www.pobjoystamps.com




    • Ocean Zones
    • Ocean Zones
    • British Antarctic Territory - The Antarctic Ocean Zones


      The Antarctic waters are those that lie south of the Antarctic Polar Front or Antarctic Convergence, in an area also known as the Southern Ocean. The region is characterised by cold surface waters (< 4 C), which are generally nutrient poor but, where the waters meet the continental shelf, nutrients are liberated and cause local areas of enhanced productivity. Close to the Antarctic continent the temperatures are even cooler and the ocean surface freezes each winter to form sea-ice.


      Epipelagic fauna

      The epipelagic zone is the upper sunlit zone of the oceans, typically extending from the surface to around 200 m. This is the productive zone of the ocean, in which tiny plants, the phytoplankton, use the energy of the sun to grow and reproduce. Production in the epipelagic zone feeds the oceans, either by material falling from the surface layer or by deeper living species migrating to the epipelagic zone to feed.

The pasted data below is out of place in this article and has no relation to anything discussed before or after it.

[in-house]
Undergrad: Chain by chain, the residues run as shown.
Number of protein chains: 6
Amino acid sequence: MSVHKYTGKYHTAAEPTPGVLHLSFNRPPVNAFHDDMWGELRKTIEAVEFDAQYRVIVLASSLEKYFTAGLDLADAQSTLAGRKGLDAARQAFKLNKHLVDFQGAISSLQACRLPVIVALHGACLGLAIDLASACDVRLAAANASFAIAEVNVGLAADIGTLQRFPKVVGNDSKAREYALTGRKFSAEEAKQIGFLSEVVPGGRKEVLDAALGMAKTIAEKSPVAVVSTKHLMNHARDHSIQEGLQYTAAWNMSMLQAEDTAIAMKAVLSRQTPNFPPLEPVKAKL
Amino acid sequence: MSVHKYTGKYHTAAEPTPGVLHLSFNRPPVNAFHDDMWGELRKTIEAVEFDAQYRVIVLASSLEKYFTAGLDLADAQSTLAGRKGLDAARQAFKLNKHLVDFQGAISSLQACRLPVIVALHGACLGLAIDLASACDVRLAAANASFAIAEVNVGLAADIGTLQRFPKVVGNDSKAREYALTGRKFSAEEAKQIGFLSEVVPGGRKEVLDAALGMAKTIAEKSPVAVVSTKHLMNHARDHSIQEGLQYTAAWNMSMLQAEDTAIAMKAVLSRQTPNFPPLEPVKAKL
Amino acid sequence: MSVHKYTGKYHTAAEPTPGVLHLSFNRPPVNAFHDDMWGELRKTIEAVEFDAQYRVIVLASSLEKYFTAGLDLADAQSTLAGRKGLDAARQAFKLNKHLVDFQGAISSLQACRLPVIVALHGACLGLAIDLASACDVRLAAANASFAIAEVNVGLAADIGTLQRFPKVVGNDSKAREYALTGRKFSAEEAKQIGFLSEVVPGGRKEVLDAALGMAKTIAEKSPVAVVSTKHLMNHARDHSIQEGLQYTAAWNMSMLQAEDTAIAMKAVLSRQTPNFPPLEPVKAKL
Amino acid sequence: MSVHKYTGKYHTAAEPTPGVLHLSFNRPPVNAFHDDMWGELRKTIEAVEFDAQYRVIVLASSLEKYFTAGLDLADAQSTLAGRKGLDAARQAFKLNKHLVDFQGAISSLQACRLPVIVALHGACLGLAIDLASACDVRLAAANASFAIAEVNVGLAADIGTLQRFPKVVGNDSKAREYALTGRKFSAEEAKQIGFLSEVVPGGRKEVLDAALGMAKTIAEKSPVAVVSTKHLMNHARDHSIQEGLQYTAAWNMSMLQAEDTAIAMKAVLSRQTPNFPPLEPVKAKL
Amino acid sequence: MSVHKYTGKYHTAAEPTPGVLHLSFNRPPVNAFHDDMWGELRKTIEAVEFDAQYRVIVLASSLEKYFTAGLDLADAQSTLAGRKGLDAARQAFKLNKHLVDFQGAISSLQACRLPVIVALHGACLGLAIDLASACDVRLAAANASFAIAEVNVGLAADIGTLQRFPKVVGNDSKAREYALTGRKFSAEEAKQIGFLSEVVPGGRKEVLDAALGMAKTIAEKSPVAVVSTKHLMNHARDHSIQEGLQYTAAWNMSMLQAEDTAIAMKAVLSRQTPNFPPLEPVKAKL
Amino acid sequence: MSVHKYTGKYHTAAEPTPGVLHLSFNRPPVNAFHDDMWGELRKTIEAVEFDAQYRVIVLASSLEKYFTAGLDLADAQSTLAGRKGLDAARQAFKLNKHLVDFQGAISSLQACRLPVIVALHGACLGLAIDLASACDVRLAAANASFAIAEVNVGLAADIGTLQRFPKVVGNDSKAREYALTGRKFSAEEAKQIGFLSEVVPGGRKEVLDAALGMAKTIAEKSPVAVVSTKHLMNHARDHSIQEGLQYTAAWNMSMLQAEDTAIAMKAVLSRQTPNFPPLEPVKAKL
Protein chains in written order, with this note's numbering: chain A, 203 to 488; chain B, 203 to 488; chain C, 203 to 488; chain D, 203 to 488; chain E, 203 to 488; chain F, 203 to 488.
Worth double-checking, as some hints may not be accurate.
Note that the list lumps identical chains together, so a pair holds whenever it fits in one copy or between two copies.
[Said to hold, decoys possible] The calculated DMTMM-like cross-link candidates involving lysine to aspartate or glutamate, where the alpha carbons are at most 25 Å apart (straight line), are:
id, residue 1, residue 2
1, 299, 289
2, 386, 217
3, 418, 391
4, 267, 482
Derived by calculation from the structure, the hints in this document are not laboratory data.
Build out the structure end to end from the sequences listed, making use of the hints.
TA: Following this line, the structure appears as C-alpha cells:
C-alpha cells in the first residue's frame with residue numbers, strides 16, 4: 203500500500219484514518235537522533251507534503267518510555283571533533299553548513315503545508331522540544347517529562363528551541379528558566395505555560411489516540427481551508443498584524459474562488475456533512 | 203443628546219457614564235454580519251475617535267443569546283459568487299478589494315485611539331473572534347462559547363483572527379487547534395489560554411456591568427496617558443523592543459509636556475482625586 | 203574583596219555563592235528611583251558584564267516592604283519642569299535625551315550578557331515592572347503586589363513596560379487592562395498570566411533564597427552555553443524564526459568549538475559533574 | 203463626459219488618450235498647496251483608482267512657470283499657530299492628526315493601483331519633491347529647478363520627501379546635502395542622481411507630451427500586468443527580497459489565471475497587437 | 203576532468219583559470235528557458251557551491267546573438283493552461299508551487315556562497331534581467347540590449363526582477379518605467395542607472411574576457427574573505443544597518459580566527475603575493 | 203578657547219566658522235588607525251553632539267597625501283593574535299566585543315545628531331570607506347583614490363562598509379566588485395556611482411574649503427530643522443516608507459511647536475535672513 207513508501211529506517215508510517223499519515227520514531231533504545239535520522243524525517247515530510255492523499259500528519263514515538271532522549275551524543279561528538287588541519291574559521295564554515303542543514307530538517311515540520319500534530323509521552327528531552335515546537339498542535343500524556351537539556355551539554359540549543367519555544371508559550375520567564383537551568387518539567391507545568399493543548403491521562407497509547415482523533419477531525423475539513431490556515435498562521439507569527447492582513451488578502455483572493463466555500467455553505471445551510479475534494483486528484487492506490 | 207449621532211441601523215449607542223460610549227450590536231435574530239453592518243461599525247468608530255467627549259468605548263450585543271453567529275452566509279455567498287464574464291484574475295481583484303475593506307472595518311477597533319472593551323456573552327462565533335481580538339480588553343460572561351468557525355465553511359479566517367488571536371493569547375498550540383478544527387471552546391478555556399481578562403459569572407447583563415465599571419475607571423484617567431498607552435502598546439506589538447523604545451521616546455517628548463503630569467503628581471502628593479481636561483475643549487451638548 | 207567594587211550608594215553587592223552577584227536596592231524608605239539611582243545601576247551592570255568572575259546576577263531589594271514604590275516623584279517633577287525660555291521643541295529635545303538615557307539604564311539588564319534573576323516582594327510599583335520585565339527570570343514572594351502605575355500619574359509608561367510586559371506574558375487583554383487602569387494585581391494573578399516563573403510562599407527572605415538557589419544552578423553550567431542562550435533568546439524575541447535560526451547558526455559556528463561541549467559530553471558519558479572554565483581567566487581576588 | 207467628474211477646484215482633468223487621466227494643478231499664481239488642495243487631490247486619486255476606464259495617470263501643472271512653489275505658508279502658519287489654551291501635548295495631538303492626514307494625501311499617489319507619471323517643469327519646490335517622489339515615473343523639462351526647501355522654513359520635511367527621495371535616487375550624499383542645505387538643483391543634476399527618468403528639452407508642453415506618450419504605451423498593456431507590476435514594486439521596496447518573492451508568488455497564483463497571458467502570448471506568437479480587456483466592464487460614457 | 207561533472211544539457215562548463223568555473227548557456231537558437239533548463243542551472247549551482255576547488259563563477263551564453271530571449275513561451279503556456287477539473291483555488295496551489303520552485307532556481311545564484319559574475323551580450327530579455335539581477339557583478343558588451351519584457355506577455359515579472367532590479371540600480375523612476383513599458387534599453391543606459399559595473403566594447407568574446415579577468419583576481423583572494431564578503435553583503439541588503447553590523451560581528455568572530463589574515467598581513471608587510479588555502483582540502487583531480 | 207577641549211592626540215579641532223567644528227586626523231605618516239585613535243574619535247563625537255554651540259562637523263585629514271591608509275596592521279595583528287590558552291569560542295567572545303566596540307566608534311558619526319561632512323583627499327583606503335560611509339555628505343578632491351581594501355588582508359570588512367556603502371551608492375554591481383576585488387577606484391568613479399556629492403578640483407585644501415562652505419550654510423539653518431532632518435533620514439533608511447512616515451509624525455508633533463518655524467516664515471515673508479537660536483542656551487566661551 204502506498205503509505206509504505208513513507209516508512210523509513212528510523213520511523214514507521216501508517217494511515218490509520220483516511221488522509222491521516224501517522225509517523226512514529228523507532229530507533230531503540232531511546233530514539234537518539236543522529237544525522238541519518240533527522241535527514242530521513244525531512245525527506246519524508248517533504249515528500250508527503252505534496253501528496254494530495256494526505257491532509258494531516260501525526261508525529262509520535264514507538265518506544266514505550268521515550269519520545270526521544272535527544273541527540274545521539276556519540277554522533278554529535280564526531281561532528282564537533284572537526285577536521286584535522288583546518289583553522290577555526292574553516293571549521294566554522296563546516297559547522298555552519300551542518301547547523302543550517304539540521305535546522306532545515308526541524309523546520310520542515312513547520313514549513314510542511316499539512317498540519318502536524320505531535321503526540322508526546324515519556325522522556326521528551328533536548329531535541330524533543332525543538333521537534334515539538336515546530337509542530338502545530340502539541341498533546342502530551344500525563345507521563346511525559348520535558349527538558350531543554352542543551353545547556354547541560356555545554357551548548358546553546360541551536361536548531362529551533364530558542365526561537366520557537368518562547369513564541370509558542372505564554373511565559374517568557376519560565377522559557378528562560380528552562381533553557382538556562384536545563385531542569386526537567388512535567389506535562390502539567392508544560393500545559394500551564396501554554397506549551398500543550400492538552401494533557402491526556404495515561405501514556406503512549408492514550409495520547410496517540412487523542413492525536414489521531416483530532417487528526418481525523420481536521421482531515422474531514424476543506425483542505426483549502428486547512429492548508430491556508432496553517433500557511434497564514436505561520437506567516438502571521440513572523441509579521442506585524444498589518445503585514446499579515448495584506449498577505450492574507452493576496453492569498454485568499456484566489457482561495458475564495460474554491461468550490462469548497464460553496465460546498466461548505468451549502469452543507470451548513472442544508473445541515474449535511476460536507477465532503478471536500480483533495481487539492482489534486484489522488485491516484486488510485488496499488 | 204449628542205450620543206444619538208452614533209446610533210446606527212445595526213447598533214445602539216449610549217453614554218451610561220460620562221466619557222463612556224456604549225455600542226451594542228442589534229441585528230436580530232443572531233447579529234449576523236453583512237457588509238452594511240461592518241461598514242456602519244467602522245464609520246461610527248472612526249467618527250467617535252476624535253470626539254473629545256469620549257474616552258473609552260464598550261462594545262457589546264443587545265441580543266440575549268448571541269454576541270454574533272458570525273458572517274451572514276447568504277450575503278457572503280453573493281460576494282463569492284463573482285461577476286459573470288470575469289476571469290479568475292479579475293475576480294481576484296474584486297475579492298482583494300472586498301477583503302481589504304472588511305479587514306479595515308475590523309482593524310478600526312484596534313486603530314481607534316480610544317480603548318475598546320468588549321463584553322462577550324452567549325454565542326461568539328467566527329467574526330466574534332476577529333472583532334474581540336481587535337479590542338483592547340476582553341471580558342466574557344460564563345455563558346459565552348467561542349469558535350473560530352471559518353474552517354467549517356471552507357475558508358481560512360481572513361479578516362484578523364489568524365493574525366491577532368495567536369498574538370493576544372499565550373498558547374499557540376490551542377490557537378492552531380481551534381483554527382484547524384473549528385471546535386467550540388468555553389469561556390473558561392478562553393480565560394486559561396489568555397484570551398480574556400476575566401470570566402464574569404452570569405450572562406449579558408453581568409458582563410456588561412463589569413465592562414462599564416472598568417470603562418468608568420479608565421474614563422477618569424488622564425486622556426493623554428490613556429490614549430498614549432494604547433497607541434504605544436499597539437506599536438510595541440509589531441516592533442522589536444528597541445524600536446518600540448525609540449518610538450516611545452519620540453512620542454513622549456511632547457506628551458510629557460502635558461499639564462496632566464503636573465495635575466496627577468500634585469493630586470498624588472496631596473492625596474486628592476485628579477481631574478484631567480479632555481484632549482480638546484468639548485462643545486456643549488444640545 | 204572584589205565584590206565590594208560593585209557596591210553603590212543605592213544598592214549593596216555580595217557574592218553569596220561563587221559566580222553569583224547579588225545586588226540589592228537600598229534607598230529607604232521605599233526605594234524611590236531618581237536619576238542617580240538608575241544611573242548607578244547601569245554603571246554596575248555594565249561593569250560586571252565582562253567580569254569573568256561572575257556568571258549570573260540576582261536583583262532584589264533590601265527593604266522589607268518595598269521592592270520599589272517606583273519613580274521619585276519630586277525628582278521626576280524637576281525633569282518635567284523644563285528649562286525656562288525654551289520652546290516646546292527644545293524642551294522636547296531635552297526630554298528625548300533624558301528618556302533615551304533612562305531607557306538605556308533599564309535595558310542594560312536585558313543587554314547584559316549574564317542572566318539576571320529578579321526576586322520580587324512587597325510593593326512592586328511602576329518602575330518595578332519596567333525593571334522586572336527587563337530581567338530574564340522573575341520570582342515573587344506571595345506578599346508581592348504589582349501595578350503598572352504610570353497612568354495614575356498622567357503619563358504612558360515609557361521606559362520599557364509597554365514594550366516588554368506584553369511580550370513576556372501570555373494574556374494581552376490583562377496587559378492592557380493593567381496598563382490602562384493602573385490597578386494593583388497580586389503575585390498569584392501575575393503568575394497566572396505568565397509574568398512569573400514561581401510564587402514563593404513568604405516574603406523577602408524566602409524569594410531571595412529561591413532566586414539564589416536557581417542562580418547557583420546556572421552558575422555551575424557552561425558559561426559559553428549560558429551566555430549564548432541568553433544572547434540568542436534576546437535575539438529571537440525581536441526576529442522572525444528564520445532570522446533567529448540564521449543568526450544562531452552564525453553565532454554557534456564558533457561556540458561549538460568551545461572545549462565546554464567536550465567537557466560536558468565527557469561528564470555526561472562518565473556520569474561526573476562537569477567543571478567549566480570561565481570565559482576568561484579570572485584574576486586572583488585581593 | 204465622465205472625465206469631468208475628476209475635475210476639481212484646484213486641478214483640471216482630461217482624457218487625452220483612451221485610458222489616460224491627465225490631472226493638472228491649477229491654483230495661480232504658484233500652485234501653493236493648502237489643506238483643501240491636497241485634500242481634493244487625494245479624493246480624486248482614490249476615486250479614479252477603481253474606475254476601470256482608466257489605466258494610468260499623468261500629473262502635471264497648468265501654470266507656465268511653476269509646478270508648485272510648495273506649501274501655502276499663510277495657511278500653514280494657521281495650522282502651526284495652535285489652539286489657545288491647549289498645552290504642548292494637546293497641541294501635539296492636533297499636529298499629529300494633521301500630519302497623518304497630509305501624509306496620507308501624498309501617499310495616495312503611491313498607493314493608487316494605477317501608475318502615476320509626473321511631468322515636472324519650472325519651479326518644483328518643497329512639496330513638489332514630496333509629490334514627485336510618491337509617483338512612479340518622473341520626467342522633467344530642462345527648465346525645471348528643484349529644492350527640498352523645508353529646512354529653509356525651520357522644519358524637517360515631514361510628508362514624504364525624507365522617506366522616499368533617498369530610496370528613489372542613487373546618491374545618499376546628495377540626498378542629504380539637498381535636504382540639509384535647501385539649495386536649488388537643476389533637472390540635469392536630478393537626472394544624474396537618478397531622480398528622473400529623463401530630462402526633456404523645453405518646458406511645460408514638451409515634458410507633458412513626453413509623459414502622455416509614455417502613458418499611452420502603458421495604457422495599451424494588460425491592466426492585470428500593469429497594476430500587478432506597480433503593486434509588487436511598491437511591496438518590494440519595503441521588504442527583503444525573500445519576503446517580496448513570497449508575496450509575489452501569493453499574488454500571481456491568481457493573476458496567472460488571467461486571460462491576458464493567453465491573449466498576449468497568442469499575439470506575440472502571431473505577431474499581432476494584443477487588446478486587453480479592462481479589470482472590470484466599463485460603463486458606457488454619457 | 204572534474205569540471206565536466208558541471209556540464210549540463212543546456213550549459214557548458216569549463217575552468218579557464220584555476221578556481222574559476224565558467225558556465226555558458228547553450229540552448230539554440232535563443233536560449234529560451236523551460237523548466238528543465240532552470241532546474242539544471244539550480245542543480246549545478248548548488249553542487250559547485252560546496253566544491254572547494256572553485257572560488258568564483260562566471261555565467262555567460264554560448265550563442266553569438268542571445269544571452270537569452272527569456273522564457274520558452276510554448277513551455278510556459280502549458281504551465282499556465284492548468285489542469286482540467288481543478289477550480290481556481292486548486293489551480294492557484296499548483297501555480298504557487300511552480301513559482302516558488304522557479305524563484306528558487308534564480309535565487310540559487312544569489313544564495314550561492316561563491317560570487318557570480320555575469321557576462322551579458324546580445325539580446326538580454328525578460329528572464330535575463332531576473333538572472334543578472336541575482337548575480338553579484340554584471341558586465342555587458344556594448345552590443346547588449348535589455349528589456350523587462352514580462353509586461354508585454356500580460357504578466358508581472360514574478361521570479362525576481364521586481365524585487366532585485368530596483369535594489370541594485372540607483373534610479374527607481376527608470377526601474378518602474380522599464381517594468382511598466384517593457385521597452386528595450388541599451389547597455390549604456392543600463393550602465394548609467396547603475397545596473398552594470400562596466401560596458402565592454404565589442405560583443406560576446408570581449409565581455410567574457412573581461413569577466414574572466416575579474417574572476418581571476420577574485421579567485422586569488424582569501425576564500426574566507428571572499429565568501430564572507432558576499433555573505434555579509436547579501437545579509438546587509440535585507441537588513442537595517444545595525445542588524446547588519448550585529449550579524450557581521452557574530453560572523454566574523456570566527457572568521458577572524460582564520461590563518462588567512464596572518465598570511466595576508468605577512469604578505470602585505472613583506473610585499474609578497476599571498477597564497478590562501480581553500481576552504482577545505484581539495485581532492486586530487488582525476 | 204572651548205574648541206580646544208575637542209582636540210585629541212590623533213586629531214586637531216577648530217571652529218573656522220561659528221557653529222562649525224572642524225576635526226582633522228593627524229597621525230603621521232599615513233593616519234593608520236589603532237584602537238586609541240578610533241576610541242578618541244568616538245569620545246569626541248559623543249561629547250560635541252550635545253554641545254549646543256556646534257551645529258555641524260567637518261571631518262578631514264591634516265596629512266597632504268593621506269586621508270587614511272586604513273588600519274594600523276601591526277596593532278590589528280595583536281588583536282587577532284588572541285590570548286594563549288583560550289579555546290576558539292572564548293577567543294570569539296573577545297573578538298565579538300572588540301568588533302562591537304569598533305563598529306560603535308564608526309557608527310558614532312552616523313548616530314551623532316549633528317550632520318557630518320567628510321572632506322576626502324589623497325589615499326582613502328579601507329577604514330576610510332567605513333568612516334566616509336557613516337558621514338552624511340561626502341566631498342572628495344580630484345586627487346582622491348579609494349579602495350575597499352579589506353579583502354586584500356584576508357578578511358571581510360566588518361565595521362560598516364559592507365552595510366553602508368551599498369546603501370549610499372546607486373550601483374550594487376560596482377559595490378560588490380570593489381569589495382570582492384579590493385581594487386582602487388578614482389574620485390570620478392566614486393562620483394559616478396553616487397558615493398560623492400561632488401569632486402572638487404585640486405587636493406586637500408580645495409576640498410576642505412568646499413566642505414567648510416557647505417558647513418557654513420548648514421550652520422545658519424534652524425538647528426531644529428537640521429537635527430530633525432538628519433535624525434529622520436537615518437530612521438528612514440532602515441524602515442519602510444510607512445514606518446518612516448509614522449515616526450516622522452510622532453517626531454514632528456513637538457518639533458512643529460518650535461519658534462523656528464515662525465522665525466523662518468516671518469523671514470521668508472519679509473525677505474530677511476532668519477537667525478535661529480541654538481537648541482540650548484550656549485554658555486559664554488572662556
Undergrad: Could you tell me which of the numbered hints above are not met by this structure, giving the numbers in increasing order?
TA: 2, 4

Antarctic krill (Euphausia superba) is widely regarded as the most important species found in this zone. Antarctic krill is a small shrimp-like animal that reaches around 50 mm in length. It is highly abundant, particularly in the area of the Antarctic Peninsula and Scotia Sea, forming enormous swarms which can be miles in length and a hundred metres deep. Krill are regarded as the key species in the Southern Ocean food-web, consuming phytoplankton and providing the principal prey for many species of penguin, whale and seal.


      Antarctic silverfish (Pleuragramma antarcticum) are another important member of the epipelagic fauna, but are restricted to the cold (0 to -2 C) surface waters close to the Antarctic continent. In order to survive at such cold temperatures, the blood of Antarctic silverfish contains special anti-freeze proteins. Antarctic silverfish reach a maximum size of 25 cm, and whilst the younger fish are limited to the epipelagic layer, adults can be found as deep as 700 m. Antarctic silverfish are important prey for emperor and Adélie penguins, Antarctic toothfish and Weddell seals.